Published September 28, 2017|3 min read
Paulino do Reo Barros Jr. was named interim CEO of Equifax Tuesday. Barros replaced departing CEO Richard Smith after its massive security hack exposed the data of 143 million Americans. One of his first moves was writing a Wall Street Journal column in which he offered “his sincere and total apology to every consumer affected by our data breach.”
Barros goes on to admit the company's website to help people didn’t work, their call center couldn’t handle all the calls and that they basically screwed up big time. But he buries the lede a bit.
By the time you get tired of the mea culpas, Barros writes:
By Jan. 31, Equifax will offer a new service allowing all consumers the option of controlling access to their personal credit data. The service we are developing will let consumers easily lock and unlock access to their Equifax credit files. You will be able to do this at will. It will be reliable, safe and simple. Most significantly, the service will be offered free, for life.
Let’s break this down.
Lots of people can look at your credit report and they do so all the time. Lenders will check your credit when deciding whether to give you a loan and how much interest to charge. Potential employers, insurers and landlords might check your credit to get an idea of your financial history. Credit card issuers will see whether you qualify for a pre-approved credit card offer, etc.
Meanwhile, unless you pay, you get to look at your credit report from each of the three credit reporting agencies — Equifax, Experian and TransUnion — once a year. (You can pull those free reports at AnnualCreditReport.com.) And you can’t stop other people from accessing your credit report unless you get a credit freeze.
A freeze blocks anyone from pulling your credit report. This helps prevent thieves from taking our lines of credit in your name (since service providers and lenders can't see if you're worth doing business with), but it also stops you from applying for a loan or doing anything else that requires a credit check. You can “thaw” your credit report, but it's not always a seamless process. Plus, you usually have to pay each credit bureau a fee of $2 to $12 to freeze and unfreeze your credit. Equifax is currently waiving its freeze fee in light of the data breach; Barros said it would do so until the end of January. It's extending the signup period for the free credit monitoring services its offering consumers through that date as well.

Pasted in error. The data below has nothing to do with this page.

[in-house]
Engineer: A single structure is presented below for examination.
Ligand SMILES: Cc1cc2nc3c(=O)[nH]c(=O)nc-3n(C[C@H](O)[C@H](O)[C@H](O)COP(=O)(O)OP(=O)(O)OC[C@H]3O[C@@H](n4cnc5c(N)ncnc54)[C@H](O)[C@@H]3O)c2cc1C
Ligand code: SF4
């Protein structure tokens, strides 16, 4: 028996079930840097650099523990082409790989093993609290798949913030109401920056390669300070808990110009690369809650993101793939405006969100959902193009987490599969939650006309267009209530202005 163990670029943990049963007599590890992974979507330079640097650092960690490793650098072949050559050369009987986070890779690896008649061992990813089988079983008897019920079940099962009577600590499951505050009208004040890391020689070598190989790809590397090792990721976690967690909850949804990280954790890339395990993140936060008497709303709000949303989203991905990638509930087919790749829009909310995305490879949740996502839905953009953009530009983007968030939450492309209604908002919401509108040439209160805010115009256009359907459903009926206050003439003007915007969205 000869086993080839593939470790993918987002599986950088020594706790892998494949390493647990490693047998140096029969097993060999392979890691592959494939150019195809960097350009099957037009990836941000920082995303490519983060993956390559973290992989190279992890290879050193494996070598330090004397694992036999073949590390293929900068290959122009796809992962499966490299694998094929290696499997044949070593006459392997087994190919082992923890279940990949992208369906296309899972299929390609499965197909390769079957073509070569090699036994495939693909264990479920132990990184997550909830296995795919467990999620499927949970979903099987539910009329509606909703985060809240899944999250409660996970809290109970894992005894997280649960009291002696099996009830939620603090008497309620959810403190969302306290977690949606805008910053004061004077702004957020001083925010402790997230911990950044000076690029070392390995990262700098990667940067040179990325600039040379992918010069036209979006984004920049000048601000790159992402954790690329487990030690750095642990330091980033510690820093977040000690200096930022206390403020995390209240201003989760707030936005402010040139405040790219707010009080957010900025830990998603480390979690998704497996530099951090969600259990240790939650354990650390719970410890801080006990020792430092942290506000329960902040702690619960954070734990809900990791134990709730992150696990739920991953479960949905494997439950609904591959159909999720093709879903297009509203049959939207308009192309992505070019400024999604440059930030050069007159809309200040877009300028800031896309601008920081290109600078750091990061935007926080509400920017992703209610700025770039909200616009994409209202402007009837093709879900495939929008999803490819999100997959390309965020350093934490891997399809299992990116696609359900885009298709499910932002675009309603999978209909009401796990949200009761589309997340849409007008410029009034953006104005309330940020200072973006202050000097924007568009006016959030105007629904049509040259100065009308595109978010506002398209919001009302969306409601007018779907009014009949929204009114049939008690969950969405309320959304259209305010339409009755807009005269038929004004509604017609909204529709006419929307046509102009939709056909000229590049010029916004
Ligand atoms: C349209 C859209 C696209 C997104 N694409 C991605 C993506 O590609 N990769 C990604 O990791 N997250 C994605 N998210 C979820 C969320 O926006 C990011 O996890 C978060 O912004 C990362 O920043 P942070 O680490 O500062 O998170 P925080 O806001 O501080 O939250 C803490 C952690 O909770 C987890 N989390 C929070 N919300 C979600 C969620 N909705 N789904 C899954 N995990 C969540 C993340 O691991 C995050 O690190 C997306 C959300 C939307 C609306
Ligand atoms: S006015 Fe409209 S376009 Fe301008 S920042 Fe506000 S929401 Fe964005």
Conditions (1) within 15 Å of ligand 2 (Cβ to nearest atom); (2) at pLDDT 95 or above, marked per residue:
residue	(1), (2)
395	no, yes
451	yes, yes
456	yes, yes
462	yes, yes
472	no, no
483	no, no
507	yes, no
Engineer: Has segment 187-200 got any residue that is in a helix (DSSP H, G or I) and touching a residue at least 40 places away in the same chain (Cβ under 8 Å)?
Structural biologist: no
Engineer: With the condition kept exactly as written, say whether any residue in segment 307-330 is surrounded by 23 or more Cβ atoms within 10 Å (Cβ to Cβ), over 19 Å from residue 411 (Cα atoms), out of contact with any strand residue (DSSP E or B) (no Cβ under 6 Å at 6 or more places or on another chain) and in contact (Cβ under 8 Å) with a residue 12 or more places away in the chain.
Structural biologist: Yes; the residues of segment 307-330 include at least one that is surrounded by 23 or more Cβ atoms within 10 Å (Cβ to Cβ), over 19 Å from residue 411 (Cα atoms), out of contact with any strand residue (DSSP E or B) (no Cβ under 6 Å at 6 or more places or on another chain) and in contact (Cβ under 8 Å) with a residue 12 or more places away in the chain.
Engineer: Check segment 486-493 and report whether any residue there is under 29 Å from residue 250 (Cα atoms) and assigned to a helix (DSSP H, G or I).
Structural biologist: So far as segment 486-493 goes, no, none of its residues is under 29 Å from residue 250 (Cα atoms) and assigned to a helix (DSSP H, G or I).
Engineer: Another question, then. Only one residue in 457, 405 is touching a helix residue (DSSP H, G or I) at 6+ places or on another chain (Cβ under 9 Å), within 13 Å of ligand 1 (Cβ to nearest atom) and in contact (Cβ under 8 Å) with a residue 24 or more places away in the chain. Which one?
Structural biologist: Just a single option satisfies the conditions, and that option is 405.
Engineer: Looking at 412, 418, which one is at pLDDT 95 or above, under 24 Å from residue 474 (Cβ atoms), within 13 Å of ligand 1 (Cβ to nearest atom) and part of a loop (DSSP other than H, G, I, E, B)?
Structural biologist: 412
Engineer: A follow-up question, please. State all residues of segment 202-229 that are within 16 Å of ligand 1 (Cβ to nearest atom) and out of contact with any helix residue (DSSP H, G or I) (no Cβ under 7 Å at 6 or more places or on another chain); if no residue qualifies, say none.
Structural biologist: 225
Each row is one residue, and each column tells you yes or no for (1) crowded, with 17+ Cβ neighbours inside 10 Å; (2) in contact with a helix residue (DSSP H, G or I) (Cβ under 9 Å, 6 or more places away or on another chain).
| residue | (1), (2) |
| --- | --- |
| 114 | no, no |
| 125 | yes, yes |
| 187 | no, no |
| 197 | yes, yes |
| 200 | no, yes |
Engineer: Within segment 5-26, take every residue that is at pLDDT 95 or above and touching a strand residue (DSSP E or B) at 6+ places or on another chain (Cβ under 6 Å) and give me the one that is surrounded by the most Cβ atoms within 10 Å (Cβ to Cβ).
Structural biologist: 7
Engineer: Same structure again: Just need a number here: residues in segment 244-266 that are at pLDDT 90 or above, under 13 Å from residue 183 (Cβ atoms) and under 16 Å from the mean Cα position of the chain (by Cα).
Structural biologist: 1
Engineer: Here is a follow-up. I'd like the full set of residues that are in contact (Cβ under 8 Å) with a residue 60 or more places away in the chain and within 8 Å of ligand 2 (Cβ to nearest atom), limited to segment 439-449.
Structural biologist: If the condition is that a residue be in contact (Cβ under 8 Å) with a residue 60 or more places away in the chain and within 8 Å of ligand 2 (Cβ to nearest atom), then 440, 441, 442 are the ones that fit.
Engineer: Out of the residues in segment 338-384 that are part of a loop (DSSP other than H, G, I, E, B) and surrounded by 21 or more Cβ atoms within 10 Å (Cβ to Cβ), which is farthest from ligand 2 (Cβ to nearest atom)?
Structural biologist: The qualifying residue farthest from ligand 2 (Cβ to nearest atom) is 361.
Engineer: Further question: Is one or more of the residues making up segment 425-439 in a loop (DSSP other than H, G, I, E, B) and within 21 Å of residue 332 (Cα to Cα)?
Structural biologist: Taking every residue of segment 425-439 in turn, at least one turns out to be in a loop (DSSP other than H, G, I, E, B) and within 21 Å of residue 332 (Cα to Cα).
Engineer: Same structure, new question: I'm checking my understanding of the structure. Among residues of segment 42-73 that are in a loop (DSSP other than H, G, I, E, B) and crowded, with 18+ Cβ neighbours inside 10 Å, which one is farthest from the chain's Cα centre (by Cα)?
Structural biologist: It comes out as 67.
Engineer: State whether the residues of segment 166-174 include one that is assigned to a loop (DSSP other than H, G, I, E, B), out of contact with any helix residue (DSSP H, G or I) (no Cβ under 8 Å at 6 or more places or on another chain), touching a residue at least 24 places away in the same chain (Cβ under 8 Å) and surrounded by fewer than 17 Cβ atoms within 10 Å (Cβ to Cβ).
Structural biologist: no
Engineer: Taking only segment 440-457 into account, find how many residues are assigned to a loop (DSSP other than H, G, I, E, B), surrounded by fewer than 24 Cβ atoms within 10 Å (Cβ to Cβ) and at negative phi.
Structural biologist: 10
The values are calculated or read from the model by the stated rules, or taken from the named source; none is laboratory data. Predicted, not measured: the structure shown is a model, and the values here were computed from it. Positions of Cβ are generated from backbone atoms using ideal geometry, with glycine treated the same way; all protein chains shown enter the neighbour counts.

After that, Barros seems to be saying Equifax will allow everyone to freeze or unfreeze their accounts anytime free of charge. (Equifax didn’t respond to emailed questions about Barros’ column.) This would be a big deal, especially because whoever broke into Equifax stole Social Security numbers.
Thieves can use your SSN to open new credit accounts, get medical care, steal your government benefits or tax returns and generally wreak a ton of havoc. Having the ability to “easily lock and unlock access to their Equifax credit files” would be a helpful tool to prevent fraud without inconveniencing yourself, though people currently still have to pay for freezes at Experian and TransUnion, the other big credit bureau. And you need to block access to all three credit reports if you really want to prevent identity theft.
Of course, this depends on if Equifax can actually deliver. The company hasn’t exactly inspired confidence since the announcing the data breach, hence the interim CEO and the apology in a national newspaper.
If you think your information was stolen — and it probably was since the breach affected 143 million Americans — we’ve put together a guide on how you can survive the Equifax hack.
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